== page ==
A tear-filled call to hubby shared my pain, explained the grave and shocking injustice, and could he please pick up our car from the impound lot after work.
With car-chan safely back on the street and more than 150cm away from any alley entrance, the real work began. Writing as tiny as possible to cram in all five reasons plus a diagram as to why the tickets and towing fees totalling around $300 should be scrapped, I was convinced we would win.
Conviction, determination and logic meant nothing to the officer who reviewed our appeal. It was a sad day when the official two-page response to our half-page appeal arrived in the mailbox.
Not one to give up, a call to the parking authority was required. The critical question was to confirm if citizens were expected to carry 150cm tape measures in their vehicles.
Life is not fair, still
Losing the appeal was hard.
Paying the tickets was embarrassing.
Seeing car after car parked less than 150cm from alley entrances in our neighbourhood and none getting ticketed was hard. I thought about reporting the offending vehicles every single day, but I didn’t.
Life is not fair and it’s okay. We broke a bylaw we didn’t know existed. We got caught by an eagle-eyed patrolling officer. And I get to wake up every day in a safe, warm bed with the privilege to steam over parking infractions outside my window. But it’s not my problem. It can’t be my problem.
And life goes on
2014 was a horrid year for shocking violence, tragedy, setbacks in human justice, nonsensical fighting, pain, grief and agony around the world.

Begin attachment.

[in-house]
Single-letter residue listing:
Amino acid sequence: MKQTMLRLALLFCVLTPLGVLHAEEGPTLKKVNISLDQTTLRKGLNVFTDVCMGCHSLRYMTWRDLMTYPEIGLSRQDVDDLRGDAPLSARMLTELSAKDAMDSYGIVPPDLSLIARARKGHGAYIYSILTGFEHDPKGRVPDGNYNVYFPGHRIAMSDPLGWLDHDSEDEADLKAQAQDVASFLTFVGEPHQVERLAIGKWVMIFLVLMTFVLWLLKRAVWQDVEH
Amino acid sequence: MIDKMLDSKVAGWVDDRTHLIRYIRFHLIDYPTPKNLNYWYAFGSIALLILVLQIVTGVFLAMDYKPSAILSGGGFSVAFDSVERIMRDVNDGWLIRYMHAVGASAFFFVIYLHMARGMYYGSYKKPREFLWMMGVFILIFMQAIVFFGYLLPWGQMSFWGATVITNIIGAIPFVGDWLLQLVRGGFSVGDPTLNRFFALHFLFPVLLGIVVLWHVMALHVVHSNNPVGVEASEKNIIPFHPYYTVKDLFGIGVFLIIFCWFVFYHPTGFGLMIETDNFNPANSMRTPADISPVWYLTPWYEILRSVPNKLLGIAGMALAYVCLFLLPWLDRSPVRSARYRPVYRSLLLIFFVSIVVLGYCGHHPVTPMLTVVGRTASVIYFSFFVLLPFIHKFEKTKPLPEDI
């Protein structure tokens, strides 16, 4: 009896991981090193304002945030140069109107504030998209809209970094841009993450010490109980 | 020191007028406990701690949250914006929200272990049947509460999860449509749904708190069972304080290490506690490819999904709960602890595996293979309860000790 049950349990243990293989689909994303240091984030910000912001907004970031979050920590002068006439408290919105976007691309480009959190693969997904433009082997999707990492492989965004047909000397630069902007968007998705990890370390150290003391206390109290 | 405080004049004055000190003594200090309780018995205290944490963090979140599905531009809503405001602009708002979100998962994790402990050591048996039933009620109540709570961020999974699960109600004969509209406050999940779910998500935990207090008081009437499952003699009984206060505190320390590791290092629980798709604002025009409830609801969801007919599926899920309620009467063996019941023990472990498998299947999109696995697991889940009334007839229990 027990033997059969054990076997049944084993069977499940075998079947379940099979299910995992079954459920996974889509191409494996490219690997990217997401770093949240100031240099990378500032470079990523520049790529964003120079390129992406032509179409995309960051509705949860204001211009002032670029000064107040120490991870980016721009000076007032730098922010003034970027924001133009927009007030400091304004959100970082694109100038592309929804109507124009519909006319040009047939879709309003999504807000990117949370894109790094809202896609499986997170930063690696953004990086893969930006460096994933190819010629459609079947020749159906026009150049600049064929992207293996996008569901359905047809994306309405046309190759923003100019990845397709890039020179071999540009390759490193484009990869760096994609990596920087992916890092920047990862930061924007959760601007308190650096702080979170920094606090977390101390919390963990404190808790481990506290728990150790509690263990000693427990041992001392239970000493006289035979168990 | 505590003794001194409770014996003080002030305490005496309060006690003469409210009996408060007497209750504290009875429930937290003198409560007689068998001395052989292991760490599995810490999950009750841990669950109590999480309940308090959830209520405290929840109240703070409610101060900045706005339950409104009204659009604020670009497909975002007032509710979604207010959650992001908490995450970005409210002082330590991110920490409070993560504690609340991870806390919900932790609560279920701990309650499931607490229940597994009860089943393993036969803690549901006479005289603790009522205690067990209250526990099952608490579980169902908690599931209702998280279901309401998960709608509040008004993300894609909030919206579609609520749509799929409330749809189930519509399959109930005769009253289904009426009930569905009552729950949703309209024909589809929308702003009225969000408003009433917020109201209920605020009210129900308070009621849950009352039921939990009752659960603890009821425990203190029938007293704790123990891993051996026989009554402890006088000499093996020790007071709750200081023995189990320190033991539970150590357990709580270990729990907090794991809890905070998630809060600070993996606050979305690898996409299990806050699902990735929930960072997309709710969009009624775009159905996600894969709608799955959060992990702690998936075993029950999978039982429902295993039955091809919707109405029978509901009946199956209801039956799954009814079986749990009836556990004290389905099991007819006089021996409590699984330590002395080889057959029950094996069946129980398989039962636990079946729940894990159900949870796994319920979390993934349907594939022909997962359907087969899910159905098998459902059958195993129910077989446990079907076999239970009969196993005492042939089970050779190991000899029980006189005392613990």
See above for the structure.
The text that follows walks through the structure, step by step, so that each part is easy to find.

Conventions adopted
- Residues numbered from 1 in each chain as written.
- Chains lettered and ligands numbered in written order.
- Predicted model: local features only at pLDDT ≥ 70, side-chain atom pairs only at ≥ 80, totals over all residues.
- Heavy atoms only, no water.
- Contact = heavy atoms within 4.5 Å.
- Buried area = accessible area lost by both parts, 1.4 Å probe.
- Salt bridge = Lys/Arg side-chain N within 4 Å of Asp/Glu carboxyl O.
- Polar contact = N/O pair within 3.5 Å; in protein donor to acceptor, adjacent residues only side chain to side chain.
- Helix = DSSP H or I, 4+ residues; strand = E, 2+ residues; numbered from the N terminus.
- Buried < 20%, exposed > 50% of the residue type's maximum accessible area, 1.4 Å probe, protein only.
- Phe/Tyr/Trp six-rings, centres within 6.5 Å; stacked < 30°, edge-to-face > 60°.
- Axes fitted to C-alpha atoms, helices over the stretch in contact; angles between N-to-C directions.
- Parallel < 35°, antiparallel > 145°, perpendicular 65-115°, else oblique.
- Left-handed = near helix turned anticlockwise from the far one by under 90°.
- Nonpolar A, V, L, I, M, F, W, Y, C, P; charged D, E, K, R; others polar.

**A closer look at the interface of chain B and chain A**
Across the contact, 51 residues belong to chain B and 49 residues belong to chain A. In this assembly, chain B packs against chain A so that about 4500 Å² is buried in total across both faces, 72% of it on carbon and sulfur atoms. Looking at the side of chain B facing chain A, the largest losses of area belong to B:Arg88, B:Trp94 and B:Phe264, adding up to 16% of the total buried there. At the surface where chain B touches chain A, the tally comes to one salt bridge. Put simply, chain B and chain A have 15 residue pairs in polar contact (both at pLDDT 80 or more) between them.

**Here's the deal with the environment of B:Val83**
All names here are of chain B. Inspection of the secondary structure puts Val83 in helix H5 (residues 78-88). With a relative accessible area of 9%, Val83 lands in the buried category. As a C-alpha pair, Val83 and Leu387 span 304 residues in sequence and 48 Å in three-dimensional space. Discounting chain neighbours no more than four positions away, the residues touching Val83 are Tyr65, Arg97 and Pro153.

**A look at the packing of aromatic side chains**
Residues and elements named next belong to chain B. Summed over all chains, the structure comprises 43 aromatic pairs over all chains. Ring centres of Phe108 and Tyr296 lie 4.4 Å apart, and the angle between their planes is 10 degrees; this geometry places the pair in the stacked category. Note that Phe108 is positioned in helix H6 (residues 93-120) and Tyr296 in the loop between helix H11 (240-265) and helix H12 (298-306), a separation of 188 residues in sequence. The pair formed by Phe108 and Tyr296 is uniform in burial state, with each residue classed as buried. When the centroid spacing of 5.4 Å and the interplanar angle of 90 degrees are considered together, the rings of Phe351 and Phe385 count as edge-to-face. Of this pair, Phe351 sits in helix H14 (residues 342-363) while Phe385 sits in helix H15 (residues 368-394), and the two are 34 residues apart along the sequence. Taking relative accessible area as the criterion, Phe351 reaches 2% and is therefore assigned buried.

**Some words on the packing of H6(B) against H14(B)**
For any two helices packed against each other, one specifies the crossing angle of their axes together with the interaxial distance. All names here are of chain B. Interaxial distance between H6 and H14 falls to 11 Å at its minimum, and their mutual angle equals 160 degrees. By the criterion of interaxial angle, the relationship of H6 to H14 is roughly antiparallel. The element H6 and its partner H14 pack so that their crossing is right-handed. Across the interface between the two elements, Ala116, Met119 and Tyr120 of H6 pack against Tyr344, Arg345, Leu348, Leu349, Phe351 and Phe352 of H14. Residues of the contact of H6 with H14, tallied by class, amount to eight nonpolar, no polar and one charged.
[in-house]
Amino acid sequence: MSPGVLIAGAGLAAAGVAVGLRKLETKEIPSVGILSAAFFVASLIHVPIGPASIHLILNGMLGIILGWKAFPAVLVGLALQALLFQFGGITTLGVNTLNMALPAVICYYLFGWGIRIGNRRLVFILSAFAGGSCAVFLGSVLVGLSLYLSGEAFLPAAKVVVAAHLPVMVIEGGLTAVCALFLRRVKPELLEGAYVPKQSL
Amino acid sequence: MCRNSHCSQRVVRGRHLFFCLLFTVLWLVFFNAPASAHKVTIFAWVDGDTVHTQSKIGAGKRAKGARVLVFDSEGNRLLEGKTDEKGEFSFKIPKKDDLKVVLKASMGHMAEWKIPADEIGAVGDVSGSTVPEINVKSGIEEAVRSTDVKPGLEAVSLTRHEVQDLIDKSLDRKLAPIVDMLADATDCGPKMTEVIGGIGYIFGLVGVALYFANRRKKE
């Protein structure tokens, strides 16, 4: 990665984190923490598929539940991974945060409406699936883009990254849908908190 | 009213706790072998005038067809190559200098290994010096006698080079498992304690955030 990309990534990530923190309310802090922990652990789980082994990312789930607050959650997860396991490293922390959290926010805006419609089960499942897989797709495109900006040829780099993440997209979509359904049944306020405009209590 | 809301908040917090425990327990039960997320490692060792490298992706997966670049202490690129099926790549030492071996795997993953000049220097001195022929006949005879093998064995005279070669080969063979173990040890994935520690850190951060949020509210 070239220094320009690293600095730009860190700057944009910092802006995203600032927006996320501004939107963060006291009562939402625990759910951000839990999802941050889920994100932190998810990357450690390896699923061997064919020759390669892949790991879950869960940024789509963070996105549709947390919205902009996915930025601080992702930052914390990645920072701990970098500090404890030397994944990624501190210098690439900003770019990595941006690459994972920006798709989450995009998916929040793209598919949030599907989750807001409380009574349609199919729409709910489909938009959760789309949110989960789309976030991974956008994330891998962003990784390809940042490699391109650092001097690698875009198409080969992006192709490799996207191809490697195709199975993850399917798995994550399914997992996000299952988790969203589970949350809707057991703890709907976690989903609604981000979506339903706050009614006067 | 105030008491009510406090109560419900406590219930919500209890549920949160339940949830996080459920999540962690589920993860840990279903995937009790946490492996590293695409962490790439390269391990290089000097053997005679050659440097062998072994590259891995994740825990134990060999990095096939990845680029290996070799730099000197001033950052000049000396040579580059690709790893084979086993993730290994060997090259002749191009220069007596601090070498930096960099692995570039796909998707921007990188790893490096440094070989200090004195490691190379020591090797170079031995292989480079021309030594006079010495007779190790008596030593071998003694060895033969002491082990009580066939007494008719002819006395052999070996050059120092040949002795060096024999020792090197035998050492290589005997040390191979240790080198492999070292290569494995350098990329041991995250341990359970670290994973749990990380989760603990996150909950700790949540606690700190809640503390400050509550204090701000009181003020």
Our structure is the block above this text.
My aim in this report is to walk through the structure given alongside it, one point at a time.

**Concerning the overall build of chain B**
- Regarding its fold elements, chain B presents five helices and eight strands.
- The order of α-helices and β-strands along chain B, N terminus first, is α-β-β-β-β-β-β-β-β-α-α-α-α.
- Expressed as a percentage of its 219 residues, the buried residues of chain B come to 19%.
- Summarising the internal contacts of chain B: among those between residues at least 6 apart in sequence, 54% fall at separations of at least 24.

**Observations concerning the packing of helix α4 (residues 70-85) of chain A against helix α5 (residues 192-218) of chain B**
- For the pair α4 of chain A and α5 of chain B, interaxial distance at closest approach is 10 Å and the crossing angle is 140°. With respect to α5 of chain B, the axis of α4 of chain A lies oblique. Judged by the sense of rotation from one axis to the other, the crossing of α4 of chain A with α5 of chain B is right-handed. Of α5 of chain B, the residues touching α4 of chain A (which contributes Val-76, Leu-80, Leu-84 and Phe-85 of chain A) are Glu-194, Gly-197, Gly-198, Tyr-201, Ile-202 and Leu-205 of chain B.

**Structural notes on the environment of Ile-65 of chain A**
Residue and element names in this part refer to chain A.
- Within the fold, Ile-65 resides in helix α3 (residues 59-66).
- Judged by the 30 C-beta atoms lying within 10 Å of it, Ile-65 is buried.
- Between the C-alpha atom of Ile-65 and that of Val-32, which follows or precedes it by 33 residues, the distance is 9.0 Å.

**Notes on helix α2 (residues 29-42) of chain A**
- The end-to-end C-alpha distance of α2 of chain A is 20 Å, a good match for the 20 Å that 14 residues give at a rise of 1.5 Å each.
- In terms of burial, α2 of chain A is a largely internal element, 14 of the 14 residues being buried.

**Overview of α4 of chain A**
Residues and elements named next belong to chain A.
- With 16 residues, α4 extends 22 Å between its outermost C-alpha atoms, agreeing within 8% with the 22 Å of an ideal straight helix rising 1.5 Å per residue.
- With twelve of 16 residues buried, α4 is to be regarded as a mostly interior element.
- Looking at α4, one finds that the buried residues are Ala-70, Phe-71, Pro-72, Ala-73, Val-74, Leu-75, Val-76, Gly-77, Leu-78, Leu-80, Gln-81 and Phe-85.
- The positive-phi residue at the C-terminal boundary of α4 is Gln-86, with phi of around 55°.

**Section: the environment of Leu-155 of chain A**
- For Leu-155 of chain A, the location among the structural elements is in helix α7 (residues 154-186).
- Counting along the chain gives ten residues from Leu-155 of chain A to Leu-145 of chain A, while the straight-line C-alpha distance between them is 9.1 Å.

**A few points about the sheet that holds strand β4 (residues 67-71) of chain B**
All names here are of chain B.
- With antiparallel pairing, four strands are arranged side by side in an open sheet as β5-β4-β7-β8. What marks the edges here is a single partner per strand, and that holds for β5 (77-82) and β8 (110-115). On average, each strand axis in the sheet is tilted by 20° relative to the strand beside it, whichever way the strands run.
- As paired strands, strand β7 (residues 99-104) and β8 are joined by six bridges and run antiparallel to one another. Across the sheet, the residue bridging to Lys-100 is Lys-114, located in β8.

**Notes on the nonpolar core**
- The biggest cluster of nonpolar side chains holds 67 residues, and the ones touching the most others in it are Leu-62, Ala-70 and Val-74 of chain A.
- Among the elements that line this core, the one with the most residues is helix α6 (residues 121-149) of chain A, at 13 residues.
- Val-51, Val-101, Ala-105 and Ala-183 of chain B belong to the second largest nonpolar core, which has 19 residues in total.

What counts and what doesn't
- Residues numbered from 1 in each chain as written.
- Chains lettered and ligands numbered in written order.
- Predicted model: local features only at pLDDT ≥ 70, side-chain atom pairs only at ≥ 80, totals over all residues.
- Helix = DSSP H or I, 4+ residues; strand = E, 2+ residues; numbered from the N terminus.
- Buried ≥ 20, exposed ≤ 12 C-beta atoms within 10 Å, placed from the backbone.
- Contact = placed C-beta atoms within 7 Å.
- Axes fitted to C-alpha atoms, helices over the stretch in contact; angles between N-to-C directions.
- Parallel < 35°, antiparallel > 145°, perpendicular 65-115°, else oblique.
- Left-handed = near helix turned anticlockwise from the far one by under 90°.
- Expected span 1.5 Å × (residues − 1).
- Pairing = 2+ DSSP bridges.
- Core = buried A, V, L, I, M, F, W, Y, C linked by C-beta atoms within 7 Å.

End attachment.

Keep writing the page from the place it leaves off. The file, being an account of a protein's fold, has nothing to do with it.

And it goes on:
The state of media and information dissemination allows me to know what is going on anywhere that reports it, if I choose to read the headlines. And I do. Every day I feel sadness and defeat. I feel loss of hope for humanity and the environment.
“And life goes on” can be a trite and flippant statement to toss around when someone has experienced tragedy. But it’s true. If you are alive, life continues. And life is absolutely not fair.
Becoming a mother, I knew that I had to have hope for the future of my child. But I didn’t. In fact, I had decided in my 20s that I would not have children. Life was too depressing and I couldn’t bring a child into a world I saw as one full of pain and unfairness.
Something has changed though. Within the trivial experience of a parking infraction, the lesson of “life is not fair” shifted deeply held beliefs about injustice and hope. Before, injustice meant anger and determination to fix it now or despair when I couldn’t or something was beyond my control. It also meant that every circumstance seemed to get equal drama.
Now, a new approach can be tried. How big is in the injustice? Can empathy knock on the door? Can hope be summoned for change, if it’s necessary? And what can I do now to push for change and create hope? How can I be an example of inner strength, integrity and action for my child and for me?
Life is not fair and I am not perfect in my attempts to change. But I want to try.
Have you had a similar experience where something small turned into a big change?